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author Jan Mohr - September 14, 2011

Short selling (also known as shorting or going short) is the practice of selling shares that have been borrowed from a broker with the intention of buying these shares back at a later date to return to the broker. In less technical terms: a short-seller is betting on a stock price to go down.

As you very well know, the days of ever-increasing stock prices have long passed and numerous investors now ask themselves: “how can I make money in the stock market if prices don’t go up?

A possible answer could lie in the business of shorting stocks. Let’s take a close look at the pros and cons.

First and foremost, investors should generally be wary of shorting stocks...[more]

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author Olivier Dambrine - September 1, 2011

We just completed backtests on our Piotroski price-to-book screener using our proprietary backtesting tool. (On Europe) We also loaded the portfolio into profitmapper so you can follow the charts day-to-day. The results are impressive. Between June 1999 and now, profitmapper shows a return of 525%! These results are even more astonishing if you compare this to the S&P600 Europe incl net dividends, which lost 15% during this period.

What's the theory behind this screener?

Many scientific studies confirm that buying a portfolio of low price-book companies will beat the market over time...[more]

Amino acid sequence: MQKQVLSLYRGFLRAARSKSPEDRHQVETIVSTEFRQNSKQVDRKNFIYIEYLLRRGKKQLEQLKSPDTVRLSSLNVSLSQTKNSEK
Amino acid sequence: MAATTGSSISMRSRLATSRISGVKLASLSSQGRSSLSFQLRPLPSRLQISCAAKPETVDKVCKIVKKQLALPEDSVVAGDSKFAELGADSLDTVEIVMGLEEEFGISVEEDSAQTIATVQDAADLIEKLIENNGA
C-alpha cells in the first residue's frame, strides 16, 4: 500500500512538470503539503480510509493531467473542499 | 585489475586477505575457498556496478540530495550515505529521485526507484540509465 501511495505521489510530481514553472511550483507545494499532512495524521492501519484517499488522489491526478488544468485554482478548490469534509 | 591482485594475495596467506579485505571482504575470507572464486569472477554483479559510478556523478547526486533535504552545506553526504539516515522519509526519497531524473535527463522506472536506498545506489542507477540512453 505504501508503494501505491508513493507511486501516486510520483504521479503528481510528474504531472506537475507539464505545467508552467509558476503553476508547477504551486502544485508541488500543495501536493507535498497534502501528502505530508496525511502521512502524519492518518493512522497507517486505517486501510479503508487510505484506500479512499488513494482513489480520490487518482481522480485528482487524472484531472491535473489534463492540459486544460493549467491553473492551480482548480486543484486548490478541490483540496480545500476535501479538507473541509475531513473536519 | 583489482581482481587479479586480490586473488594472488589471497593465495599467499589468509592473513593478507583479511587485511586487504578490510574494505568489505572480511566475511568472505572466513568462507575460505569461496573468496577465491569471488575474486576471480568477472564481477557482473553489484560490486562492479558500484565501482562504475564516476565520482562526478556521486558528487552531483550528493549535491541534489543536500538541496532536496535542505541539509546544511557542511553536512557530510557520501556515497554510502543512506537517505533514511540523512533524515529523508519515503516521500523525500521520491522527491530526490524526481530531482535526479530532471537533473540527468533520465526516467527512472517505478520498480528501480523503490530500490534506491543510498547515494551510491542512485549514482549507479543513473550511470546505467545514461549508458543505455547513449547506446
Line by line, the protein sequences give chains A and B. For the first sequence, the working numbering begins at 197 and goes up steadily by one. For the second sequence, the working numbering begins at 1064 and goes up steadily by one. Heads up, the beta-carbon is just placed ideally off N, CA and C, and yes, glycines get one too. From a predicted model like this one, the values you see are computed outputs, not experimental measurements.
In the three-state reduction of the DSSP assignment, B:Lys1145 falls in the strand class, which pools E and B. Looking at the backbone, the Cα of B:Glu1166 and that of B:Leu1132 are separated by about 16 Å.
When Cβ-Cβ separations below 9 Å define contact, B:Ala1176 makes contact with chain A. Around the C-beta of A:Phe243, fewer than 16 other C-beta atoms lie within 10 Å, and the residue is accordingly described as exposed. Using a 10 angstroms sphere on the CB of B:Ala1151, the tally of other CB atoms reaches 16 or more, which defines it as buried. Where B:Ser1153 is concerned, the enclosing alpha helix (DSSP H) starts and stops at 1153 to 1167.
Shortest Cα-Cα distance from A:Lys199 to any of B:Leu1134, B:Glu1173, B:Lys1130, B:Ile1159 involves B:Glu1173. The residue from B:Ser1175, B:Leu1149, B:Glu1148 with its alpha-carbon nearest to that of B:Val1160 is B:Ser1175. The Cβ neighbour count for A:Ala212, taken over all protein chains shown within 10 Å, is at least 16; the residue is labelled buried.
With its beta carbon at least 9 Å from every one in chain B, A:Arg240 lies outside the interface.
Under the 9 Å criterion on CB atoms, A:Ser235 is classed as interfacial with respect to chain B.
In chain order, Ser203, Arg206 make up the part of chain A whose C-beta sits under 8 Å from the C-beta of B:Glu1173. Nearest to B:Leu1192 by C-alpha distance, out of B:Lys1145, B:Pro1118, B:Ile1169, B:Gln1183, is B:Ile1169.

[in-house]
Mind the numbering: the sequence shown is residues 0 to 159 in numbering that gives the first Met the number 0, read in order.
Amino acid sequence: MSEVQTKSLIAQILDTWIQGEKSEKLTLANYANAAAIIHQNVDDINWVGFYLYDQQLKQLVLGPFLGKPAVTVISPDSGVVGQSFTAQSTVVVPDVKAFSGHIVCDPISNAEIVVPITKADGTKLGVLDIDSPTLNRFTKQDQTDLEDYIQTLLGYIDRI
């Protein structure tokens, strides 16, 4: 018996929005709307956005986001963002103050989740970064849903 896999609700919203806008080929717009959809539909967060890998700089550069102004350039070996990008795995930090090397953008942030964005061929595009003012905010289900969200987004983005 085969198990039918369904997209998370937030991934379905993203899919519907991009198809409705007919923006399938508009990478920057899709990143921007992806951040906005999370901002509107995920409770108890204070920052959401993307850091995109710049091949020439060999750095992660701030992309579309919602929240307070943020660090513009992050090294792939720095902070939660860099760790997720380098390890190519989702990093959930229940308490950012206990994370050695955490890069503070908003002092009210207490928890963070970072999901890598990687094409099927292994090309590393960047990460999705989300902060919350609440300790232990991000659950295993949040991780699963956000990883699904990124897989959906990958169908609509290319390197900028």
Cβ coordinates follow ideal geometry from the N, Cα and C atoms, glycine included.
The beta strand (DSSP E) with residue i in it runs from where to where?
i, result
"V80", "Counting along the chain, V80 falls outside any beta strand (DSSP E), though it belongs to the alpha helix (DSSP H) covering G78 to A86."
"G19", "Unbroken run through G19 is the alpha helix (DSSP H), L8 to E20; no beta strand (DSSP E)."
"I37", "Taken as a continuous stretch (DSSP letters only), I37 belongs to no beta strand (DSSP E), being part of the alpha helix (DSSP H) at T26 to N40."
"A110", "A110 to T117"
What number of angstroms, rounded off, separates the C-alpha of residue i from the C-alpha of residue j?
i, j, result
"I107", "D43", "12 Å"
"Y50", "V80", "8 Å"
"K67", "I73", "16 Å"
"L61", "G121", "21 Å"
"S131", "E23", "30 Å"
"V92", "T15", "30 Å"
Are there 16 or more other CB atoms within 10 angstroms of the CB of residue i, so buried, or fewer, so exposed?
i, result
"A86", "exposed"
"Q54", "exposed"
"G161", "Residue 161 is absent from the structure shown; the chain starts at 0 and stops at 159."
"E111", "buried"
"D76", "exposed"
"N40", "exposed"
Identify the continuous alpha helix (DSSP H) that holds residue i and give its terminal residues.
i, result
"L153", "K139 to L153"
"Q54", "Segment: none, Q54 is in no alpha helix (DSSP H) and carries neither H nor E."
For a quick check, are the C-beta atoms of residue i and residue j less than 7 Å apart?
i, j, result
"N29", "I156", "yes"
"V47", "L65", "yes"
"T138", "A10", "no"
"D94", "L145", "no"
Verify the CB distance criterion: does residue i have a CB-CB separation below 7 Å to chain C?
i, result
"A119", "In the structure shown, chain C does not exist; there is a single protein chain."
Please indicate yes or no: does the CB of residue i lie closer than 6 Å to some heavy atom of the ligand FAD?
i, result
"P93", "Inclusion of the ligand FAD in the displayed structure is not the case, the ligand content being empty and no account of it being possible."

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author Olivier Dambrine - August 27, 2011

I sometimes wonder whether some financial newspapers are really adept at explaining what's really going on in the world. For everyday market updates, journalists are trying hard to second guess why the stock markets go up or down. If you read their newspapers on the web it's not uncommon for a story to be updated in a very short time: Agfa-Gevaert posted fantastic results.. 15 minutes later: Agfa- Gevaert disappoints with lower than expected earnings...[more]

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author Luc Allaeys - August 19, 2011

One of the remains of the Graham-Newman era (except Warren Buffet himself ) is Tweedy, Browne Company LLC. Founded in 1920, Buffets favorites’ stockbroker, was located at 52 Wall Street, in the same building as Ben Graham had once worked. Even Walter Schloss was sub-renting some space in their tiny office and running his partnership from behind a battered desk in a small room. They diversified to arbitrage, workouts, etc...[more]

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